Let $P$ be a simple polygon defined by $n$ unit-length segments
connecting lattice points of $\mathbb{Z}^2$.
I have two operations that preserve the perimeter of $P$.
The first is the "pop" of a corner either inward or outward;
the second is pushing in a 3-edge "tab" at one spot and immediately pushing out
a tab at another. Both operations are only applied if
they preserve simplicity (non-self-intersection):

My question is:

What is the limit shape of $P$ as $n \rightarrow \infty$ and the operations are applied randomly for sufficiently many iterations?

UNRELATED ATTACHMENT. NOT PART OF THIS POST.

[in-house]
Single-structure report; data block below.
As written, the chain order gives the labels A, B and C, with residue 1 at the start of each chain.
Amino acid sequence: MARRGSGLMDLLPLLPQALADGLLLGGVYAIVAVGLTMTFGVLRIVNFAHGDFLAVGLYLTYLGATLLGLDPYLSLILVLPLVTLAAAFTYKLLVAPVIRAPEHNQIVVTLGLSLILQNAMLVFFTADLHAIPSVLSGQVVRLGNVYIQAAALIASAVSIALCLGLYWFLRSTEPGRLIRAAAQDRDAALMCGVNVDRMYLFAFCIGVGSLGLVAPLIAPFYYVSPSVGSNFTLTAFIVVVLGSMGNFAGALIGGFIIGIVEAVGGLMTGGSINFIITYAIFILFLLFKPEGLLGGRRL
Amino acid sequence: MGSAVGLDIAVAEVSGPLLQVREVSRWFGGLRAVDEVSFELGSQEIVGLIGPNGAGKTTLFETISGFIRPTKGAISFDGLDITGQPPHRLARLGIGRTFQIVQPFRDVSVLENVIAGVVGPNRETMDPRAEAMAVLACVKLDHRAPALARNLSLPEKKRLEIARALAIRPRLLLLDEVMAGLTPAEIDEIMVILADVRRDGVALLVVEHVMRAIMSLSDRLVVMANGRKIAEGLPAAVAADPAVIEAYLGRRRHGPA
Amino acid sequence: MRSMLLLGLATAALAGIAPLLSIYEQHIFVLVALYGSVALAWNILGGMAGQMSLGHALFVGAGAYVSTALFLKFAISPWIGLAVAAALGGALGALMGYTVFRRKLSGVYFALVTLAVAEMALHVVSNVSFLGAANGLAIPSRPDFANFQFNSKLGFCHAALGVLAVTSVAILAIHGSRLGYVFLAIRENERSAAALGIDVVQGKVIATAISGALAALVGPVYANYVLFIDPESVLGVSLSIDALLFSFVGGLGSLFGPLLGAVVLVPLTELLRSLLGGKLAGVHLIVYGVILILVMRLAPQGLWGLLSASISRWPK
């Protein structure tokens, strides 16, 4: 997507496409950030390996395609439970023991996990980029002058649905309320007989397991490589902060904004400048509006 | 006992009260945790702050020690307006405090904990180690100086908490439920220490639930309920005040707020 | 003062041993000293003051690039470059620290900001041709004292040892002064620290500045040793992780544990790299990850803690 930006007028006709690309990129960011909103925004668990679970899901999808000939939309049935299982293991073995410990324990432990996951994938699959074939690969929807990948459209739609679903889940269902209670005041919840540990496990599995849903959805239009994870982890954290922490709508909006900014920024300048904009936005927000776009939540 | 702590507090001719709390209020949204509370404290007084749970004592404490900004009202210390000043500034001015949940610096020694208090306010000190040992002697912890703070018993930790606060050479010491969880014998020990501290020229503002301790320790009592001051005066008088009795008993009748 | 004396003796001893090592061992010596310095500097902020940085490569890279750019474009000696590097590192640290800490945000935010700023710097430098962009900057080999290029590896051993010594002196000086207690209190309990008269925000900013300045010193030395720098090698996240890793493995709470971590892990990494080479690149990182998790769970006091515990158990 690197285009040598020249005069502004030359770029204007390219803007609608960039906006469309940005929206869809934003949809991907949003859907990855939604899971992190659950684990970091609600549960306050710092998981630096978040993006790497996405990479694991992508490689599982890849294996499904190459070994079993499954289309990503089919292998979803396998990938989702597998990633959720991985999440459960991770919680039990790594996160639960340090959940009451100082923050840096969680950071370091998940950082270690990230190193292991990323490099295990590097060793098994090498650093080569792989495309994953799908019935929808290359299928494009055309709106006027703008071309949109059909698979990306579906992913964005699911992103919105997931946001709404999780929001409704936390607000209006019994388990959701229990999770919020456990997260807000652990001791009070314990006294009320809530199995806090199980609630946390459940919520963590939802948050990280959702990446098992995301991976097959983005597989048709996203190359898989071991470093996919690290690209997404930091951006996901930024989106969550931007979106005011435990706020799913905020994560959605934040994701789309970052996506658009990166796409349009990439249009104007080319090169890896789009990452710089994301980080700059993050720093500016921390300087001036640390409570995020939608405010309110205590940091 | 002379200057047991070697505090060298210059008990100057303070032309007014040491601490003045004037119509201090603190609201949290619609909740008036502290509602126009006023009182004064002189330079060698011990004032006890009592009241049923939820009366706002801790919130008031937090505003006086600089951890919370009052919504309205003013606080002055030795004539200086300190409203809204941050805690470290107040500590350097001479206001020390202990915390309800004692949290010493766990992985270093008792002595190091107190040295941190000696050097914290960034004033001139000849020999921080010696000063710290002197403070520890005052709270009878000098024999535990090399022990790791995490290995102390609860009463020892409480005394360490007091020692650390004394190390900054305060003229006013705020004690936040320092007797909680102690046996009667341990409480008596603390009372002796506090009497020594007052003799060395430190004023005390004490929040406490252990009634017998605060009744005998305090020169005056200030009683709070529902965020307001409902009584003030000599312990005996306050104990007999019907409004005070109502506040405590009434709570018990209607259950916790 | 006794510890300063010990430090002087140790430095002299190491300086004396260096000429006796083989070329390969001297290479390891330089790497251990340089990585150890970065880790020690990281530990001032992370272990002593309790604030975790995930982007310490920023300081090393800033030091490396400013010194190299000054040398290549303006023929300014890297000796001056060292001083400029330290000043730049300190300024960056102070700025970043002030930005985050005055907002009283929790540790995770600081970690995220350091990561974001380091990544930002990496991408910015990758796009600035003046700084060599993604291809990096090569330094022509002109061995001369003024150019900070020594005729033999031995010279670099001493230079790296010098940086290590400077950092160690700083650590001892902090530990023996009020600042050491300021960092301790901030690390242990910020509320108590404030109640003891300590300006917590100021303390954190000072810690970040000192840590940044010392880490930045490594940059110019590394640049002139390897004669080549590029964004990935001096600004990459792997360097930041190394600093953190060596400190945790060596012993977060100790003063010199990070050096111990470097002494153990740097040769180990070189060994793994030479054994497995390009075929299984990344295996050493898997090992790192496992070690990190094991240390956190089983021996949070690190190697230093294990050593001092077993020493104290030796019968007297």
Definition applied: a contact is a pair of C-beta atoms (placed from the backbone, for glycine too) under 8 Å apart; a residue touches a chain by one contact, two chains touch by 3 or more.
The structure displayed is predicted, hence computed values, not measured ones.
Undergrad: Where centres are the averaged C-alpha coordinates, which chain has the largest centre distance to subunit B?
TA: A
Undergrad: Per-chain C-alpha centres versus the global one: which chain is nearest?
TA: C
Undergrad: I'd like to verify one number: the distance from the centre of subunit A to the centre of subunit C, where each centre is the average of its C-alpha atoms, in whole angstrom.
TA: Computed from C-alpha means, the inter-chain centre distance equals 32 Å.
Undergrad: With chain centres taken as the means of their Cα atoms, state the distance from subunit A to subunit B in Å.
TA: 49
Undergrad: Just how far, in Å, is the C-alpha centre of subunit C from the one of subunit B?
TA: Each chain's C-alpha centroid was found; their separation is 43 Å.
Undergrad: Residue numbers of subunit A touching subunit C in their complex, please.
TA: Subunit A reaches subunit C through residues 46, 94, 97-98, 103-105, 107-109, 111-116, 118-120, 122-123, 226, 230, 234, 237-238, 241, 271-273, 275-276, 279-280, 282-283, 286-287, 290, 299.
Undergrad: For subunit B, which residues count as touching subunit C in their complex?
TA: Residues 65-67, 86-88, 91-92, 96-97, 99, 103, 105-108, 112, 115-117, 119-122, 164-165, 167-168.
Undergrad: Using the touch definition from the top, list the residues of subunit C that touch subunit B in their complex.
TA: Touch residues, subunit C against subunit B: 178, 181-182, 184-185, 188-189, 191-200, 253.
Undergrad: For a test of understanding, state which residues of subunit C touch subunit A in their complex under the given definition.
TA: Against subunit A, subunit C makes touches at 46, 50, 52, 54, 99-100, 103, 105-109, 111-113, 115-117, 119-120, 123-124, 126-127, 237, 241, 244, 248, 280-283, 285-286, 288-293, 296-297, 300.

I realize this question is imprecise. Perhaps the limit shape depends on the frequency balance between the two operations, which I have not specified. In addition, I am not quite sure how to best to describe a shape. But even an intuitive answer would be useful: Will the shape tend toward a convex-like blob, or toward a more spidery shape? (My guess is the latter.)

I was hoping to get a sense with small experiments as below, but it may require much larger $n$ and many more iterations for a clear pattern to emerge. I would appreciate any help in sharpening the question, answering it in some form, or pointers to related literature that could shed light on the issue. Thanks!

_{(The animation shows 800 operations. The green dot executing a random walk is the centroid of the vertices. The starting configuration is a crenellated square.)}